This vaccine gives protection against the Hepatitis B virus, which is a major cause of serious liver disease, including liver cancer and cirrhosis (scarring of the liver caused by long-term liver damage).
In the UK it is not currently part of the routine schedule. It is given only to those at high risk of hepatitis B disease. This includes:
Since the disease is so serious, the World Health Organization has said that all babies in the world should be protected by the HepB vaccine. The Joint Committe on Vaccination and Immunisation, who advise the UK Government on the vaccination schedule, has said that it "wishes to recommend universal hepatitis B vaccination". It is looking into whether a 6-in-1 combination vaccine containing the HepB vaccine could replace the current 5-in-1 vaccine given to infants at 2, 3 and 4 months.
The individual HepB vaccine can be given at the same time as other vaccines such as the 5-in-1 vaccine, PCV, Hepatitis A, MMR, MenC, Pre-school Booster and other travel vaccines. The vaccines should be given at a separate site, preferably in a different arm or leg.
The vaccine is inactivated, and cannot cause Hepatitis B disease.
It contains one of the proteins from the surface of the HepB virus (HepB surface antigen, or HBsAg). This protein is made by inserting the genetic code into yeast cells, which removes any risk of viral DNA getting into the final product. This process is called recombinant DNA technology.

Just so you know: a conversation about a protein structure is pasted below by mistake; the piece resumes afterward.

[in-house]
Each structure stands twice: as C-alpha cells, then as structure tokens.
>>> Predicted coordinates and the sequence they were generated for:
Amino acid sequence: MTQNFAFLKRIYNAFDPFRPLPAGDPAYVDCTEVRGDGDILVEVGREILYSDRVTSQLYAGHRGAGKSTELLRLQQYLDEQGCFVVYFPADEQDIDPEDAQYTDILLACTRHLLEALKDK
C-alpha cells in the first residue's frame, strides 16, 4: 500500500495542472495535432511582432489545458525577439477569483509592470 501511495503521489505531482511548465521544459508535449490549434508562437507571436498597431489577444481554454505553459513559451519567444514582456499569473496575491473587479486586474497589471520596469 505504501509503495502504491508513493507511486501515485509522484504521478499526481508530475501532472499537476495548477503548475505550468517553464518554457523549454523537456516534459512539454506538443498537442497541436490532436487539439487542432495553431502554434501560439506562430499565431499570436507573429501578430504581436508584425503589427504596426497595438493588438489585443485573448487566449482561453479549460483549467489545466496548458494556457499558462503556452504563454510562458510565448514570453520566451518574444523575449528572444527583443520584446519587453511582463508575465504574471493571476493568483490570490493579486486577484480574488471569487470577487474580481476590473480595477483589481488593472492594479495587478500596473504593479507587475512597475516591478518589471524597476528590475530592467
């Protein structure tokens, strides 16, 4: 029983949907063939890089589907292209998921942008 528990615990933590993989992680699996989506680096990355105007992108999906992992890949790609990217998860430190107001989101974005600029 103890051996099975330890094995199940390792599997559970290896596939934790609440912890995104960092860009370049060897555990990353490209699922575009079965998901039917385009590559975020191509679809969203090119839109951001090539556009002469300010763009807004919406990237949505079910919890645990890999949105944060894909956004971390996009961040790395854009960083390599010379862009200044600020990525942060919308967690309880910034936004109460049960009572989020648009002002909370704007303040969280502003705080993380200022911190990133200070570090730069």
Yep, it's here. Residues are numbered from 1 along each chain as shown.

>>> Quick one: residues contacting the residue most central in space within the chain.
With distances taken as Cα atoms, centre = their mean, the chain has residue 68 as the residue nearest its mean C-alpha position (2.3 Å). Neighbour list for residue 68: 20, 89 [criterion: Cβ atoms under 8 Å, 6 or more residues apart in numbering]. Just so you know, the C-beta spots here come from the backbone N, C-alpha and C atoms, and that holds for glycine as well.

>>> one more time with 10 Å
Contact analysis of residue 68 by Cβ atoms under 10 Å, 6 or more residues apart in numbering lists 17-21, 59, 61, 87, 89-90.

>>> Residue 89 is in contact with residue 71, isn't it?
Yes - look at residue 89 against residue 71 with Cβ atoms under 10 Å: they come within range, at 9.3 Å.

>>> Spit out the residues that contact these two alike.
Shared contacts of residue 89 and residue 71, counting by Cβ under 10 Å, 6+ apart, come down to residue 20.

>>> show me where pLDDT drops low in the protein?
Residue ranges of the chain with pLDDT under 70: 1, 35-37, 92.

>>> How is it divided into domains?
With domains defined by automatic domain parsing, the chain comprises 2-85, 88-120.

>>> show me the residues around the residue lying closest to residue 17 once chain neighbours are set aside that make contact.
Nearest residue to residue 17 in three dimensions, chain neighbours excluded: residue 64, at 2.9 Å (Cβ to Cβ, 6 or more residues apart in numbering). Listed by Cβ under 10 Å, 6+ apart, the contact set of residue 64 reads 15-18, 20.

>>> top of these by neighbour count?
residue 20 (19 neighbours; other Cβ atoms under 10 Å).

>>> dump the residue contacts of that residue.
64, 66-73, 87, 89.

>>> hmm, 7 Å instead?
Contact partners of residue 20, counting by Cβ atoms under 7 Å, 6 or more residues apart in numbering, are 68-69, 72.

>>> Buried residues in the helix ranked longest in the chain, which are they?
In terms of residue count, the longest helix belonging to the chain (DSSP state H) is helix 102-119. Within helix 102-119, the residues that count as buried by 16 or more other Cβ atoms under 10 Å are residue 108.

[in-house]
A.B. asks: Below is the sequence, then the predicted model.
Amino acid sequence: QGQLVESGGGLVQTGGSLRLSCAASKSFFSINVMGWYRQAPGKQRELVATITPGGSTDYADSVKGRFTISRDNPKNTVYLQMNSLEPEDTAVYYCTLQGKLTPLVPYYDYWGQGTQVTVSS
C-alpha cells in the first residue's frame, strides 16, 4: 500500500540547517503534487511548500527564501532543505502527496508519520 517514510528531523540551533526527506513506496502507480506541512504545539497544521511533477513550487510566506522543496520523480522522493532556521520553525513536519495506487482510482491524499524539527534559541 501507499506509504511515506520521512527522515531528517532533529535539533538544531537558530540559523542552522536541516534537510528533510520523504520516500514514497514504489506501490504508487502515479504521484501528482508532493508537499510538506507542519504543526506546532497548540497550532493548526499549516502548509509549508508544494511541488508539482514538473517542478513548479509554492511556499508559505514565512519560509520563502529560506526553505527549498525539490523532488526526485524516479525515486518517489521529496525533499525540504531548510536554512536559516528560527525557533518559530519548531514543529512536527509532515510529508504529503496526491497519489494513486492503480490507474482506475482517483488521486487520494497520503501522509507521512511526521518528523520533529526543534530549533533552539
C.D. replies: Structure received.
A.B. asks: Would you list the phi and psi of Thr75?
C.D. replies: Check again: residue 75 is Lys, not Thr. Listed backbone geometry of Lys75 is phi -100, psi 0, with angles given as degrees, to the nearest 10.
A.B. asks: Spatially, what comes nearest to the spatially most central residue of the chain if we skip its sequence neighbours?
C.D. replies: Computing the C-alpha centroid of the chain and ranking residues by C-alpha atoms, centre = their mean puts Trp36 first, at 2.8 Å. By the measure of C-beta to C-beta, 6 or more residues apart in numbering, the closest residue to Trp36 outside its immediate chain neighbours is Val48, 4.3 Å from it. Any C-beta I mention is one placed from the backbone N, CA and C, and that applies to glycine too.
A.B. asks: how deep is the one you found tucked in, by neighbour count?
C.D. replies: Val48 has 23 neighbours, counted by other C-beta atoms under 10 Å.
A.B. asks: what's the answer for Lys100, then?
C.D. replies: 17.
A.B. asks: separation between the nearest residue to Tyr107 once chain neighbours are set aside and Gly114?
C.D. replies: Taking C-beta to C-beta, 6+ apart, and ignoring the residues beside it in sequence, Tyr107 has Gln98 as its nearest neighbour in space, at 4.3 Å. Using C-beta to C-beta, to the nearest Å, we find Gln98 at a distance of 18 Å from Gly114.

It contains a small amount of aluminium which strengthens and lengthens the immune response to the vaccine. This is not a cause for concern. See more information on aluminium.
It also contains small amounts of sodium chloride (salt) and other salts based on sodium and potassium, used as acidity regulators.
The vaccine may also contain tiny traces of products used during the manufacturing process. Click on the links to see more information on our Ingredients page:
Latex may be used in the packaging of the HepB vaccine.
The Hepatitis B vaccines used in the UK do not contain thiomersal.
The following reactions are common but not serious: redness, tenderness and/or hardness at the injection site.
More serious side effects are very rare: high temperatures, skin rashes, fatigue, flu-like symptoms, sickness, diarrhoea.
As with any vaccine, medicine or food, there is a very small chance of a severe allergic reaction (anaphylaxis). Anaphylaxis is different from less severe allergic reactions because it causes life-threatening breathing and/or circulation problems. It is always serious but can be treated with adrenaline. In the UK between 1997 and 2003 there were a total of 130 reports of anaphylaxis following ALL immunisations, but all of these people survived. Around 117 million doses of vaccines were given in the UK during this period, making the overall rate around 1 in 900,000. Depending on the cause of the reaction, and following expert guidance, the person may be able to have vaccinations in the future.
Reactions listed under ‘possible side effects’ or ‘adverse events’ on vaccine product information sheets may not all be directly linked to the vaccine. See Vaccine side effects and adverse reactions for more information on why this is the case.
See more information on the monitoring of vaccine safety.